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HAP is not a real Social Housing Solution
A publication on Social Housing in Ireland 2019 – Analysis of the Housing Assistance Payment (HAP) Scheme released by the CSO in November 2020 indicates that some 57,630 households in need of social housing were accommodated in the private rented sector by the end of 2019. Social Justice Ireland has long-argued that this is not a sustainable housing model for low income households, given the recent volatility in the private rented sector.
According to the latest data on social housing, the Social Housing Needs Assessments 2019, published in December 2019, there were 68,693 households on the waiting list for social housing in 2019. Of these 68,693 households, the highest proportion is in Dublin (43.3 per cent), followed by Cork (10.5 per cent), Kildare (4.9 per cent) and Galway (4.6 per cent). Dublin also accounts for the highest proportion of new households into the HAP Scheme in 2019 (32.7 per cent), followed by Cork (9.3 per cent), Galway (5.6 per cent) and Louth (5 per cent) (Chart 1).
Chart 1: Households on the Social Housing Waiting List 2019 and New Entrants into the HAP Scheme 2019
Source: Data extracted from the Summary of Social Housing Needs Assessments, 2019 (Housing Agency, 2019) and Social Housing in Ireland 2019 – Analysis of the Housing Assistance Payment (HAP) Scheme (CSO, 2020)
Overall, however, the lowest proportion of rental properties in HAP were in Dublin City and Dun Laoghaire-Rathdown in 2019 where rents are high and, in most cases, above HAP rent limits. HAP tenancies accounted for 41.8 per cent of all properties registered with the Residential Tenancies Boards (RTB) in Louth in 2019, and just 4.7 per cent in Dun Laoghaire-Rathdown.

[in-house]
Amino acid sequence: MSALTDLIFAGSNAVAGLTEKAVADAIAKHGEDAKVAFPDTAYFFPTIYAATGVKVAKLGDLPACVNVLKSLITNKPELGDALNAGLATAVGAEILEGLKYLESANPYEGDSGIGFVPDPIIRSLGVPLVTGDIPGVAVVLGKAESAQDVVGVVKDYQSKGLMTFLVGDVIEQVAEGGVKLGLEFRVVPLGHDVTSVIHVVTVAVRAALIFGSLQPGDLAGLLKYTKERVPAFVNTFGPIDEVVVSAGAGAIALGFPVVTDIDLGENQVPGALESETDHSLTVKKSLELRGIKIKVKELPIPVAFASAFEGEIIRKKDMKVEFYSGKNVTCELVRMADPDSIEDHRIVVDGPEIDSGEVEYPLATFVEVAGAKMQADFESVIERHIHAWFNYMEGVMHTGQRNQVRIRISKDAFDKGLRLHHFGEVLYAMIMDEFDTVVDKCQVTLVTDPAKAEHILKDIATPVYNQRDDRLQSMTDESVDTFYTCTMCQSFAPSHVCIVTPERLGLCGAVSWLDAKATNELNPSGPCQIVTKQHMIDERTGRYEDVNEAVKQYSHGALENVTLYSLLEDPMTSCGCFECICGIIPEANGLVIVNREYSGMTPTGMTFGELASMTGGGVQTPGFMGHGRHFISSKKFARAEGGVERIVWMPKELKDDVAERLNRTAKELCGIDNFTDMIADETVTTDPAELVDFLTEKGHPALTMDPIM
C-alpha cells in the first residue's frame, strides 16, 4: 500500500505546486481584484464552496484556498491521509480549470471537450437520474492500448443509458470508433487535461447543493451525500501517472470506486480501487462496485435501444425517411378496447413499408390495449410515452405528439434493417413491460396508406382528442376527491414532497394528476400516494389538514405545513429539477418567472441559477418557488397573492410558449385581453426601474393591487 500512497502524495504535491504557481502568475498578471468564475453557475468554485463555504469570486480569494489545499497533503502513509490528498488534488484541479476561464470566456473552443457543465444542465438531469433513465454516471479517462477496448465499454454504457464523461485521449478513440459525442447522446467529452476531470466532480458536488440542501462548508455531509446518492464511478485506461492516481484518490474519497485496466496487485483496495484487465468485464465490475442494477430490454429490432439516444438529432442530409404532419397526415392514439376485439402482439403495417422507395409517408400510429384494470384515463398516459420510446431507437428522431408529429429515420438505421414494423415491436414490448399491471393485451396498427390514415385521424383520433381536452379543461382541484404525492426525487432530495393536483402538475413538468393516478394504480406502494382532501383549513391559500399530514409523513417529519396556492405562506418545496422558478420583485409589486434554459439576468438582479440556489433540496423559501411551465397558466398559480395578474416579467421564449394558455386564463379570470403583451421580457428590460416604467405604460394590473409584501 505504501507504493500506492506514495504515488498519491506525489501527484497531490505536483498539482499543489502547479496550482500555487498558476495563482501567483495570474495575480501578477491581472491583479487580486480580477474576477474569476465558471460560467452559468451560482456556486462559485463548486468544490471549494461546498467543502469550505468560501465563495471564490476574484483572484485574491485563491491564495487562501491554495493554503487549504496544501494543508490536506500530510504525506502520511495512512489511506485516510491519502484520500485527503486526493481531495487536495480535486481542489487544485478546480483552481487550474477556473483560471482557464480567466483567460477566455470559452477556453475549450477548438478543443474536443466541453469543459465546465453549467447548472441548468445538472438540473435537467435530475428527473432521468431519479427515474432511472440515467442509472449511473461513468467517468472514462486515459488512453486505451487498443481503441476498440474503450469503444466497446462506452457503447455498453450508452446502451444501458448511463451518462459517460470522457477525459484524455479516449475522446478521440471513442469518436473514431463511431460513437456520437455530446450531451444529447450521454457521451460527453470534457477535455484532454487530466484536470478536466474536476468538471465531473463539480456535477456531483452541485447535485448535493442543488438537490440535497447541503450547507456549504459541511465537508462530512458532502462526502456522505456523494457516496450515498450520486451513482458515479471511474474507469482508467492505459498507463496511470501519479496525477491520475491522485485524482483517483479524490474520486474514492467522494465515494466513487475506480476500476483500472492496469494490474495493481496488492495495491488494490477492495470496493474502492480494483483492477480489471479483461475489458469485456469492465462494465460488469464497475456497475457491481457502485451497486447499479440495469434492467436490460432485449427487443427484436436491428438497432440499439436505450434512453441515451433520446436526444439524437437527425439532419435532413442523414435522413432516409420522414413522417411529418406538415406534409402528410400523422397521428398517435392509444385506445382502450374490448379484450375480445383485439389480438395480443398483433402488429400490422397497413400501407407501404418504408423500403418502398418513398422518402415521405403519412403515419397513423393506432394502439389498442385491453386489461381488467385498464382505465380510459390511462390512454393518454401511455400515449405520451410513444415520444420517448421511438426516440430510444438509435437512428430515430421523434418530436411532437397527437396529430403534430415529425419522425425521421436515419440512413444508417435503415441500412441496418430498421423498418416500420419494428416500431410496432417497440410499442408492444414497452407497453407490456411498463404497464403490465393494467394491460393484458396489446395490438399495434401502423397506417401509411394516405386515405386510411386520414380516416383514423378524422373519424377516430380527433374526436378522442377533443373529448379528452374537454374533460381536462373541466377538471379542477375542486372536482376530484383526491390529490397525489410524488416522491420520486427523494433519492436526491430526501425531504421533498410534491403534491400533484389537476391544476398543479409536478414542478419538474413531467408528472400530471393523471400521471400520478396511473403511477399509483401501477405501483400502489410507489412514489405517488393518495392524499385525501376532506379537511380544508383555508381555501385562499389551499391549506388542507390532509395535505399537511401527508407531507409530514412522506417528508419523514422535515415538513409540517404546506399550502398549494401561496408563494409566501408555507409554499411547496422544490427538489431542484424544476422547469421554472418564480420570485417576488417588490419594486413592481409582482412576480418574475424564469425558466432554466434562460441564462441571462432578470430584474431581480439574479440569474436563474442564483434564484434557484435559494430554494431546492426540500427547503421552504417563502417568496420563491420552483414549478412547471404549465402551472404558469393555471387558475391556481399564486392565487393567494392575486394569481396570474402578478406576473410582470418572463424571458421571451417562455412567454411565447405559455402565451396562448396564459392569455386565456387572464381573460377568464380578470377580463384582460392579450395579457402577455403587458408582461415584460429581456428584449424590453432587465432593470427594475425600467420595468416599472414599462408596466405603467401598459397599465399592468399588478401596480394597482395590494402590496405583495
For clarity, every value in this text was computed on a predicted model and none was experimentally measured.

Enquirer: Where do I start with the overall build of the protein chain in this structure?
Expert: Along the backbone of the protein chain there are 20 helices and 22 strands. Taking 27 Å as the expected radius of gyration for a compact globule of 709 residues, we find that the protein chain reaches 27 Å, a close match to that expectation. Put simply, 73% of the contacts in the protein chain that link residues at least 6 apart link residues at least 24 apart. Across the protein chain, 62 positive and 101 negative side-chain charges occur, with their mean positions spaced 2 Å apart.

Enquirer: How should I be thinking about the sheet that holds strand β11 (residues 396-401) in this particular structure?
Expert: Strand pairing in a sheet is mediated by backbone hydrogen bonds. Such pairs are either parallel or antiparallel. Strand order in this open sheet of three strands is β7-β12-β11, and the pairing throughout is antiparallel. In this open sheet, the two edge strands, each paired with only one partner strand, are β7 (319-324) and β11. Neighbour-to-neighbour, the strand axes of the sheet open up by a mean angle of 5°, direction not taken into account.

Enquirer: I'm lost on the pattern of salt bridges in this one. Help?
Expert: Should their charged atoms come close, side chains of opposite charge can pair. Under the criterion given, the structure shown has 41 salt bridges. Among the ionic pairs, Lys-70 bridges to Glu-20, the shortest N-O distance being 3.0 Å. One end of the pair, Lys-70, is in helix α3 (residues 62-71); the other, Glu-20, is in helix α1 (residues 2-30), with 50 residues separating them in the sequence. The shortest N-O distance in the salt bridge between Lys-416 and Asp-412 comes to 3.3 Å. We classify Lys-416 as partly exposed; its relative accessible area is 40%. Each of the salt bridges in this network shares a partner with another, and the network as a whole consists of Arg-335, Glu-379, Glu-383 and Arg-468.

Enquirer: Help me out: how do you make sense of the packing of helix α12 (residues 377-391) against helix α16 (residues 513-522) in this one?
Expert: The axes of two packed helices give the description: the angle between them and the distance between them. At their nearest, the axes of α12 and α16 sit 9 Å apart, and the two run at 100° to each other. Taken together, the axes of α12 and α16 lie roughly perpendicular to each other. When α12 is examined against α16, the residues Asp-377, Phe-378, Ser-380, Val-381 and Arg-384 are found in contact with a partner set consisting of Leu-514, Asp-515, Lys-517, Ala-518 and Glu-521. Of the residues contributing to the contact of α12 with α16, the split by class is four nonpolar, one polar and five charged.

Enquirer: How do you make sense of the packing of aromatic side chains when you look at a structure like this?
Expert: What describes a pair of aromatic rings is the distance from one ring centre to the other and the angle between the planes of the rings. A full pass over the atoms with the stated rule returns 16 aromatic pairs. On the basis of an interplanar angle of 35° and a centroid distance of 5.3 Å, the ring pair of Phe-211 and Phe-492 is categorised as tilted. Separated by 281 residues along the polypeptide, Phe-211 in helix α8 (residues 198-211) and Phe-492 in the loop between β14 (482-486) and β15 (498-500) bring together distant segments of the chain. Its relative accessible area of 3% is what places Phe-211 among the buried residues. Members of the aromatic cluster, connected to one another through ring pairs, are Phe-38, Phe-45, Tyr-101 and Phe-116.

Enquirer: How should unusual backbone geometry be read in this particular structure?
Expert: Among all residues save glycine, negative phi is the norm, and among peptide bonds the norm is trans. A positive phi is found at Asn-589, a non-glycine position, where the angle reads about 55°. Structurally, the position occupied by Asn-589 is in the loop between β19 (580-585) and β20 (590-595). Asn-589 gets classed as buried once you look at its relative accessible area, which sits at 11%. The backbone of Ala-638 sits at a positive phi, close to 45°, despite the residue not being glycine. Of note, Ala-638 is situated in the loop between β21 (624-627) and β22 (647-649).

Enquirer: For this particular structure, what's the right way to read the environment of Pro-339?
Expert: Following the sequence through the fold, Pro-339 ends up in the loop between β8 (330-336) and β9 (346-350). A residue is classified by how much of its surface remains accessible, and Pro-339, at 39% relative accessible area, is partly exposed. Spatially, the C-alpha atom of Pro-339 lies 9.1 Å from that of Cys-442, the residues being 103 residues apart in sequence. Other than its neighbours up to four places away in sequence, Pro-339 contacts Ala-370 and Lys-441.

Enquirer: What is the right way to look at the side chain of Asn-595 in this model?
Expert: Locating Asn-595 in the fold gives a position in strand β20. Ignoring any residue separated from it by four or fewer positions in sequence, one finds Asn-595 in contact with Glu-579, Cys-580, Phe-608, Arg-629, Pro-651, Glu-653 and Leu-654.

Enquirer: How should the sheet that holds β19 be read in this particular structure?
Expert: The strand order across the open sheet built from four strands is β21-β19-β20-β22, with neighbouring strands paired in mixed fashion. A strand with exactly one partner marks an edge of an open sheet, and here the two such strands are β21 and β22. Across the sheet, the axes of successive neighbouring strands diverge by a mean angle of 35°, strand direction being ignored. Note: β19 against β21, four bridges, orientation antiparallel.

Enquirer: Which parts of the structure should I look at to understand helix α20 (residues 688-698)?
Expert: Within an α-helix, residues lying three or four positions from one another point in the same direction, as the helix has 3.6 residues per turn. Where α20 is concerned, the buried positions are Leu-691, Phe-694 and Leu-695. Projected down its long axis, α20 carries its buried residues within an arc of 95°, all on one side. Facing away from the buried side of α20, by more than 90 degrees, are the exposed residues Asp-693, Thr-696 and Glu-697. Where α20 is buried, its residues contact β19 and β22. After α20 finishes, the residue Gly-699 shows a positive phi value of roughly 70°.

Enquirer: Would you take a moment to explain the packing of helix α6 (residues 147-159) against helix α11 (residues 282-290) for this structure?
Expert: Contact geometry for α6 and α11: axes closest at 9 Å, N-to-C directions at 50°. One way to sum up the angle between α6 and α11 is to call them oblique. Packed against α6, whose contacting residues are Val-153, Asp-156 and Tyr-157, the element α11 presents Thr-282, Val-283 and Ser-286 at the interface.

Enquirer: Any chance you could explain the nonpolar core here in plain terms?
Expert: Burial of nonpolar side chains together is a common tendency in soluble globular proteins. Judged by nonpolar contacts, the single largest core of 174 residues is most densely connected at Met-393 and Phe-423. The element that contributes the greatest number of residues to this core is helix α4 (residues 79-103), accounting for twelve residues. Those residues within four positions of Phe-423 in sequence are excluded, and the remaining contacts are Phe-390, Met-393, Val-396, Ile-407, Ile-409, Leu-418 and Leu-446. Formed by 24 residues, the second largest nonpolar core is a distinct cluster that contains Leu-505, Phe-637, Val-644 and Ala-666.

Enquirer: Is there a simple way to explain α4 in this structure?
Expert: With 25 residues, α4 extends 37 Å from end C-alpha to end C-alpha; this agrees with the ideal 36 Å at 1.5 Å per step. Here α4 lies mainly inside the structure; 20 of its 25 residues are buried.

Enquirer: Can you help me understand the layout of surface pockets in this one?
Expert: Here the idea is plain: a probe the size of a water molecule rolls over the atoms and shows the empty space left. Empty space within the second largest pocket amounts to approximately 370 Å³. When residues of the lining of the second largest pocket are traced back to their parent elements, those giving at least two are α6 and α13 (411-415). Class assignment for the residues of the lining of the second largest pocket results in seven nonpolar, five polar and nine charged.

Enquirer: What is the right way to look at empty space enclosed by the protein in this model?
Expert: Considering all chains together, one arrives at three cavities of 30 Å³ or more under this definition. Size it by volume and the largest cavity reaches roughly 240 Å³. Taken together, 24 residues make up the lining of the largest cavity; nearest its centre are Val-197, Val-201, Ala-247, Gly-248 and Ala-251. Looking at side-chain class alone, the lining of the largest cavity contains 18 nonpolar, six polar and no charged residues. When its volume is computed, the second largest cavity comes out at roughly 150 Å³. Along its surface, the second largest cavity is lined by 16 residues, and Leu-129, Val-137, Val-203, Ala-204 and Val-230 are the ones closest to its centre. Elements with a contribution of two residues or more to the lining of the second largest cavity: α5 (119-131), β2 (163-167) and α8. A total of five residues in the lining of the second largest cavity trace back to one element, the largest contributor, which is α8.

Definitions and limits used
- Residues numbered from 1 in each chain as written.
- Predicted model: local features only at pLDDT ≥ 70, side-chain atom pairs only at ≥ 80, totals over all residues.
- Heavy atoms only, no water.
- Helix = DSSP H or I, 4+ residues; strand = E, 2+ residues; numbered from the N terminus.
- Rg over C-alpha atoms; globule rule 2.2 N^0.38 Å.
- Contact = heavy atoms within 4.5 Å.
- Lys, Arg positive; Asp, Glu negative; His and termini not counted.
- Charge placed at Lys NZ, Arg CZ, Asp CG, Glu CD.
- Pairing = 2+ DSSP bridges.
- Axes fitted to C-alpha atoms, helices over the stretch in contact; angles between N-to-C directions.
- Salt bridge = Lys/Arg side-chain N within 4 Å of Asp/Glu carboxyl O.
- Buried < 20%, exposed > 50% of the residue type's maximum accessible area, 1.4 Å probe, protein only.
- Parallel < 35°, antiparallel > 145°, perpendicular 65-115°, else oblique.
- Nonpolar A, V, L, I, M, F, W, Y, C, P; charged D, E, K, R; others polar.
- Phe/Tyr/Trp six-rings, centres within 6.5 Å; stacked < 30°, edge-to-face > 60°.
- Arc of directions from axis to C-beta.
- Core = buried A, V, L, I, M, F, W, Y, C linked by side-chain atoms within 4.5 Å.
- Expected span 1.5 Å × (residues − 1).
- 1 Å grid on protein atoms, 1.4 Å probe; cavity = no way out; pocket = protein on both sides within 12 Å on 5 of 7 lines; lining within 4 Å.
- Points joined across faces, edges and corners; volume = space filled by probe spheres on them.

HAP and Social Housing Waiting Lists – Length of Time
The CSO also analyses data relating to new entrants to HAP with reference to the Social Housing Waiting Lists 2016-2019 and found that more than four in ten HAP tenants (44.4 per cent) waiting less than a year on the social housing waiting lists before first entering the scheme. When we consider that 48.7 per cent of households on the social housing waiting list in 2019 were waiting four years or more, and 26.9 per cent, or 18,454 households, were waiting more than seven years, there is a clear disconnect between new entrants to HAP and those households who are most in need of sustainable accommodation.
According to the CSO Report, the most common employment sectors for new entrants to the HAP Scheme were Wholesale & Retail, Accommodation and Food, and Health. This presents two issues:
- These are precarious sectors, often characterised by low pay and precarious contracts. The impact of Covid-19 on employment has been devastating, raising concerns about the sustainability of these tenancies once restrictions on evictions cease.
- This is not reflective of the employment status of the households on the social housing waiting lists. The majority of those households (60.3 per cent) are entirely dependent on social welfare income.
Of those new entrants to HAP referred to in the CSO Report as being linked to the social housing waiting lists between 2016 and 2019 were identified as living in the private rented sector, and almost 40 per cent were dependent on Rent Supplement as the primary basis of need. According to the 2019 Summary of Social Housing Needs Assessments, over half (52.8 per cent) of households on the social housing waiting list in 2019 were already living in private rented accommodation, compared to 59.1 per cent the previous year. This decrease, coupled with the corresponding increase in the proportion of households living with parents (21.5 per cent, compared to 19.1 per cent in 2018), relative or friends (8.9 per cent, compared to 7.6 per cent in 2018) or emergency accommodation (8.5 per cent, compared to 6.6 per cent in 2018) shows just how unsuitable the private rented sector is at providing sustainable housing for low income households.
Rather than providing long-term social housing to households most in need, the Housing Assistance Payment is a subsidy to the private rented sector. We need to rethink our relationship with housing, particularly as part of our new Social Contract with the State. Social Justice Ireland again calls on Government to put a social housing target in place of 20 per cent of all housing stock by the year 2030.